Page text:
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ORIGINAL ARTICLE
Year : 2017  |  Volume : 12  |  Issue : 1  |  Page : 9-12

Blood group pattern and its distribution among blood transfusion recipients in a semi-urban setting in North-West Nigeria


1 Department of Paediatrics, Aminu Kano Teaching Hospital, Bayero University, Kano, Nigeria
2 Department of Family Medicine, Aminu Kano Teaching Hospital, Kano, Nigeria
3 Department of Medicine, Federal Medical Centre, Birnin Kudu, Jigawa State, Nigeria
4 Department of Nursing, Aminu Kano Teaching Hospital, Kano, Nigeria
5 Department of Haematology, Federal Medical Centre, Birnin Kudu, Jigawa State, Nigeria

Correspondence Address:
Ibrahim Aliyu
Department of Paediatrics, Aminu Kano Teaching Hospital, Kano
Nigeria
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DOI: 10.4103/summ.summ_6_17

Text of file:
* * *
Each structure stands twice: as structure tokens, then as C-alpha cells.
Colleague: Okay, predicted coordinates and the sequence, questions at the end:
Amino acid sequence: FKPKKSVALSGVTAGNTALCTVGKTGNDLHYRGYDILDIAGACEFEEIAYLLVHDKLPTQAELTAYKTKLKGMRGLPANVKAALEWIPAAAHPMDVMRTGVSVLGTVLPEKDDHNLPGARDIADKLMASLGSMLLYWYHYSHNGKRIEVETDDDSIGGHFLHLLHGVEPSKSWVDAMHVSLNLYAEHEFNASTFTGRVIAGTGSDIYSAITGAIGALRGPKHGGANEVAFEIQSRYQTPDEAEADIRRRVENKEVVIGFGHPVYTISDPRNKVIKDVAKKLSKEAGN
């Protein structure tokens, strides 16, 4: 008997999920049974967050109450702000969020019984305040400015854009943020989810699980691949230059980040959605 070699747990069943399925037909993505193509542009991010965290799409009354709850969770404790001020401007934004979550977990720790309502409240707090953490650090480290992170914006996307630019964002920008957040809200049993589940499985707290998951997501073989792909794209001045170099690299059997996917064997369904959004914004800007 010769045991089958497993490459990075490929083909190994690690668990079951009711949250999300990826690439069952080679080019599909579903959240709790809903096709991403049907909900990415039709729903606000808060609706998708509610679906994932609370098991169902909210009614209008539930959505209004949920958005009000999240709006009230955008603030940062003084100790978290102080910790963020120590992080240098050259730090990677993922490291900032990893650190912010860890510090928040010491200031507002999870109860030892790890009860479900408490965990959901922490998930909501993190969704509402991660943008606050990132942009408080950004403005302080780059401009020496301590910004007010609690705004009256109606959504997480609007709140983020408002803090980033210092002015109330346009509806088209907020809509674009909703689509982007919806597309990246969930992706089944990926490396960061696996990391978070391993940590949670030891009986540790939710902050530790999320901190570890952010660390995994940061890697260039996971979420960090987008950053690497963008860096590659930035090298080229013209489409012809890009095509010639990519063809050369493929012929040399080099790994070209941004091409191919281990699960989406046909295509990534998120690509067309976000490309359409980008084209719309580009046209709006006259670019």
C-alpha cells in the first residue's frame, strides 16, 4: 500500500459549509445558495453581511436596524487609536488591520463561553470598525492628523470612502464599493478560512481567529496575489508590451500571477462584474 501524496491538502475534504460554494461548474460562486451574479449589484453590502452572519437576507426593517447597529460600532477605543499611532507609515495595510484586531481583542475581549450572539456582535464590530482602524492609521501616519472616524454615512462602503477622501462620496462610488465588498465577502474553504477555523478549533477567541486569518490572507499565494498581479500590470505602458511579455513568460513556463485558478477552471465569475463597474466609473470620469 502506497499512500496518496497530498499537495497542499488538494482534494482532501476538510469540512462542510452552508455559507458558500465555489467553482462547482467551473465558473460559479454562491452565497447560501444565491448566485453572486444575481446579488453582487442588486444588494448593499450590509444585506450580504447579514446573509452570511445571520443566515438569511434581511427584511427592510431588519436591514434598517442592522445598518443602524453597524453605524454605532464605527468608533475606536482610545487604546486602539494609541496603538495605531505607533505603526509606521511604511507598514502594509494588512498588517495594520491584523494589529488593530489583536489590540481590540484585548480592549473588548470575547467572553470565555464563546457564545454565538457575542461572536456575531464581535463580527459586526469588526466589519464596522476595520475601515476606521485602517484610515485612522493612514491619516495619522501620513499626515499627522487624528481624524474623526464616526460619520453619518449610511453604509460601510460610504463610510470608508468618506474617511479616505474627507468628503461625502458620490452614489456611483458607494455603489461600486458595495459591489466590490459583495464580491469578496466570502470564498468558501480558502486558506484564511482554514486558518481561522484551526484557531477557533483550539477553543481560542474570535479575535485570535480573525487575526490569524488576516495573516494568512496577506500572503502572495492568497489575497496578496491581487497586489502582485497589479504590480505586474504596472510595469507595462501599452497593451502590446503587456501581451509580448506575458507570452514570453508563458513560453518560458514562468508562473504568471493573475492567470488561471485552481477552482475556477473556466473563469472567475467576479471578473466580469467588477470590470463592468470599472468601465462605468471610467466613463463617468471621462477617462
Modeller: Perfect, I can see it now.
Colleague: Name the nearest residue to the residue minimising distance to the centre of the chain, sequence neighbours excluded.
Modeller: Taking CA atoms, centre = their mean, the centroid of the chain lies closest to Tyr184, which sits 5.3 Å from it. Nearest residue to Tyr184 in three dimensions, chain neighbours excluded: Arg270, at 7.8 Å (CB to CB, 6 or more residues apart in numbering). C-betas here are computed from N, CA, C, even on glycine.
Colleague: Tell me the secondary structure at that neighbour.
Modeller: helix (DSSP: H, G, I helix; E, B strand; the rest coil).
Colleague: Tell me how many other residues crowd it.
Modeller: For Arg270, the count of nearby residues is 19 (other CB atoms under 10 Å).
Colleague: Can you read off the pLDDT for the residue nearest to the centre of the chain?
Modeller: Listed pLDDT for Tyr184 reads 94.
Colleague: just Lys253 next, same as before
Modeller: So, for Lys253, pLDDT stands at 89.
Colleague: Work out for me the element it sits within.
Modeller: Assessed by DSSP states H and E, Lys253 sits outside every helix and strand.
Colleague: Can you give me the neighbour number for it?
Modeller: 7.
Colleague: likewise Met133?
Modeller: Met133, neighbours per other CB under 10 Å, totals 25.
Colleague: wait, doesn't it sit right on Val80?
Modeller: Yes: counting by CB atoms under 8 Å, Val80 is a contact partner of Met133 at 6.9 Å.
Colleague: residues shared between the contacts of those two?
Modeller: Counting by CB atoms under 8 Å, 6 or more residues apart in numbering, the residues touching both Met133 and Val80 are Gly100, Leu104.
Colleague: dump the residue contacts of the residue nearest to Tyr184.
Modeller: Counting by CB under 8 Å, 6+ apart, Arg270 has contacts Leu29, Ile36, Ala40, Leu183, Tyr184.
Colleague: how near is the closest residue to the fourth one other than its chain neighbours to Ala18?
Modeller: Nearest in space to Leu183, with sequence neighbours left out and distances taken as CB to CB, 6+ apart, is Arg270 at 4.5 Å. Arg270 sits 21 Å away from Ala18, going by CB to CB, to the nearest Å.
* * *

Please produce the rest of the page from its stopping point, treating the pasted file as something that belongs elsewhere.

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Background: The blood group refers to the blood grouping system and their specificity which is genetically determined; however, the “blood phenotype” describes the reactivity of blood to specific testing antiserum. Although racial and regional variations have been established in the prevalence of the blood groups, most of these studies were done among blood donors, but the blood transfusion recipients who actually need these transfusions have been poorly studied. This study seeks to determine the common blood groups encountered among blood transfusion recipients in Federal Medical Centre (FMC), Birnin Kudu. Materials and Methods: This study was a retrospective analysis of the blood grouping pattern among blood transfusion recipients in FMC, Birnin Kudu over a 2-year period from January 2011 to December 2013. Blood grouping is determined commonly using venous blood through tile agglutination method. Standard commercially produced anti-A, anti-B monoclonal grouping reagents and anti-D sera are used for the tests and performed at room temperature. Evidence of agglutination is substantiated microscopically after waiting for 2 min. Results: There were 4129 blood requests during the study period; however, 28 of the entries were excluded due to grossly incomplete data. Among the 4101 entries analyzed, there were 1206 (29.4%) males and 2895 (70.6%) females; male/female ratio of 1:2.4. Blood group O (44.1%) was the most common blood group whereas blood group AB (5.9%) was the least; however, majority (96.2%) of the recipients were rhesus positive. Conclusion: Group O and rhesus positive antigens remain the most common blood group distribution among blood transfusion recipients.


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